IBM's Red Hat gobble: Storage will be a test of Big Blue's commitment to open-source software

Bringing home the bacon

Comment So we all know by now that IBM is buying Red Hat for $34bn – the largest software acquisition ever. Of course, that includes all Red Hat's storage products.

There are the two big ones, Red Hat Ceph (object storage with file and block access) and Red Hat Gluster (Scale-out NAS).

Then there are the stragglers – the attempt at hyperconverged infrastructure, Red Hat HCI, StorageOne, and Red Hat OpenShift Container Storage (the renamed Container-Native Storage).

These are all software-defined storage products, following the company's mantra that "software is eating the world".

However, compared to RHEL, Red Hat's storage has not set the world on fire. Jim Whitehurst, president and CEO, said in the acquired firm's statement: "If software is eating the world – and with digital transformation occurring across industries, it truly is – open source is the key ingredient."

Not in storage it isn't. Let's list the proprietary storage companies that Red Hat has put out of business... Right, none. Many have failed but not due to open-source storage software eating their lunch.

Whitehurst continued: "Open source is the default choice for modern IT solutions." Sorry, Jim, but again, not for storage, not by a long chalk.

And certainly not for IBM storage software. The default choice is proprietary storage software, and IBM needs to sell more of that because its storage hardware revenues are declining.

A business selling both proprietary and open-source storage products is a business with competing products and philosophies.

Red Hat is going to operate as a business unit within IBM's Hybrid Cloud team, which means that Red Hat storage will be separate from IBM's. Big Blue intends to maintain Red Hat's headquarters, facilities, brands and practices.

In other words, IBM's proprietary storage software will still effectively see Red Hat software as competition. If IBM's direct sales force is to effectively sell both types of storage, there will have to be some very inventive compensation schemes – ditto channel partners selling both types of storage software.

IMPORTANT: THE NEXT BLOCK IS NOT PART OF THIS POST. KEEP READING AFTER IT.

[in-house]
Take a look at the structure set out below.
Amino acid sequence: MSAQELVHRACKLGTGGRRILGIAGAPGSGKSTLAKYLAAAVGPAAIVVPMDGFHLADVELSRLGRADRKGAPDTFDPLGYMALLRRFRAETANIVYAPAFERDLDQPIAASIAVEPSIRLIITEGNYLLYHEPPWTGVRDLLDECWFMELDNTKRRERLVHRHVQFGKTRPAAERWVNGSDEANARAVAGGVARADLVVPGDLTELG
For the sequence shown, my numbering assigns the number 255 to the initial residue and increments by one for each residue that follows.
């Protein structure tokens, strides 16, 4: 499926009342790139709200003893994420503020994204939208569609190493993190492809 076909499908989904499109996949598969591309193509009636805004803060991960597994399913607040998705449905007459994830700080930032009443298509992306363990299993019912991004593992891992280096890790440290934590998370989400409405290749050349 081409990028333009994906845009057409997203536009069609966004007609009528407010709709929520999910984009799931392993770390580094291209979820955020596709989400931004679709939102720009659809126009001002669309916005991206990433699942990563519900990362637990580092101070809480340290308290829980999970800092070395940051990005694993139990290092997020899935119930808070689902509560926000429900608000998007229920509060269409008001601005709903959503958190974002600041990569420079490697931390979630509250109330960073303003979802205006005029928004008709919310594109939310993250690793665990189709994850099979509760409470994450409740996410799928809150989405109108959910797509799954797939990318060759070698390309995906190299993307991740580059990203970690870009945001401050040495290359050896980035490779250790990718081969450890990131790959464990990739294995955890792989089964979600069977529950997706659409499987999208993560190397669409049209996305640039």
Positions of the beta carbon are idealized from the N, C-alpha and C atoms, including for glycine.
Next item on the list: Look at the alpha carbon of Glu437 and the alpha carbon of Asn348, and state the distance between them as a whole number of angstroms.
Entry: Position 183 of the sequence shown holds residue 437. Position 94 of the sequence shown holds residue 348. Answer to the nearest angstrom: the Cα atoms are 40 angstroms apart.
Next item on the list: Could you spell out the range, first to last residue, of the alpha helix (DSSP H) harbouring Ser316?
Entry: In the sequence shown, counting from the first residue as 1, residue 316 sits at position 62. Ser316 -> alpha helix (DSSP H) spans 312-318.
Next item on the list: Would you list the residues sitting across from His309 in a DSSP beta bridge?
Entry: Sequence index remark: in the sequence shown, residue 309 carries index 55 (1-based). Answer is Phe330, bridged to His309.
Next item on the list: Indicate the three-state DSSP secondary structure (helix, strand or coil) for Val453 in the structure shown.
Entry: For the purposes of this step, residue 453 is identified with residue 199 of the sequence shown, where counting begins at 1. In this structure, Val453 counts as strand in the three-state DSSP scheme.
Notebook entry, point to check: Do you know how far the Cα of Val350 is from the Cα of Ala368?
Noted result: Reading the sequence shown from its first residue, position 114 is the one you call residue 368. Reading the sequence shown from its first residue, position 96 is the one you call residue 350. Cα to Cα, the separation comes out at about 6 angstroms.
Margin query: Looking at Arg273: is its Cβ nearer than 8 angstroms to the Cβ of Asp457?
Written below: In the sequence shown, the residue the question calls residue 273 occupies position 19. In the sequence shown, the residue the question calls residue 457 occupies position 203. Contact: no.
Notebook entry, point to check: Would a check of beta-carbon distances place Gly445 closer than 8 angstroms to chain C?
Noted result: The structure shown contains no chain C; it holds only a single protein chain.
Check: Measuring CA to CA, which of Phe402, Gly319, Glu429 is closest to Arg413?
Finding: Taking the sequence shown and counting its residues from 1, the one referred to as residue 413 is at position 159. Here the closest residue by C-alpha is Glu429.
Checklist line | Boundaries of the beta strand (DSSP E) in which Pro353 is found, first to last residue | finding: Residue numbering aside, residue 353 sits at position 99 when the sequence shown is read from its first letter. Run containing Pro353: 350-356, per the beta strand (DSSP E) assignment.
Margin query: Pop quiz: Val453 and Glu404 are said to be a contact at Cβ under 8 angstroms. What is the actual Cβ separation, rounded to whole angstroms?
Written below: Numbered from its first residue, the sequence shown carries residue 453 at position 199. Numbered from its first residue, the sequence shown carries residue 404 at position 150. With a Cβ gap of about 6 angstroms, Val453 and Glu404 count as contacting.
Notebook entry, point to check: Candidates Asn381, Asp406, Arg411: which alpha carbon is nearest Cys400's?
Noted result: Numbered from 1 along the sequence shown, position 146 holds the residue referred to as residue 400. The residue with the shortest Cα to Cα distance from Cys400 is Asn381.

Fortunately, there's not much overlap between the two product sets, and IBM can munch on both its proprietary and open-source cakes.

Theoretically, at least, Big Blue now has the noble exit option for underperforming storage products – taking the moral high ground and giving them to Red Hat to open-source.

The test of IBM's commitment to open source will be what it does with its proprietary Spectrum-branded products. If it moves any to Red Hat then it is all-in, in the same way a pig is committed in a bacon-and-egg breakfast*.

But if it does not, it would signal the attitude of the chicken to your two sunny-sides in your fry-up – a hen can always lay another egg.

IBM is spending an eye-watering sum. Storage is a relatively small part of Red Hat's portfolio and there is little time pressure. El Reg will monitor proceedings and report back if tension between IBM's proprietary and open-source storage products and philosophies materialise. ®

* In the old joke about the difference the chicken and the pig's outlook on a bacon-and-egg breakfast, the chicken is involved, but the pig is committed.




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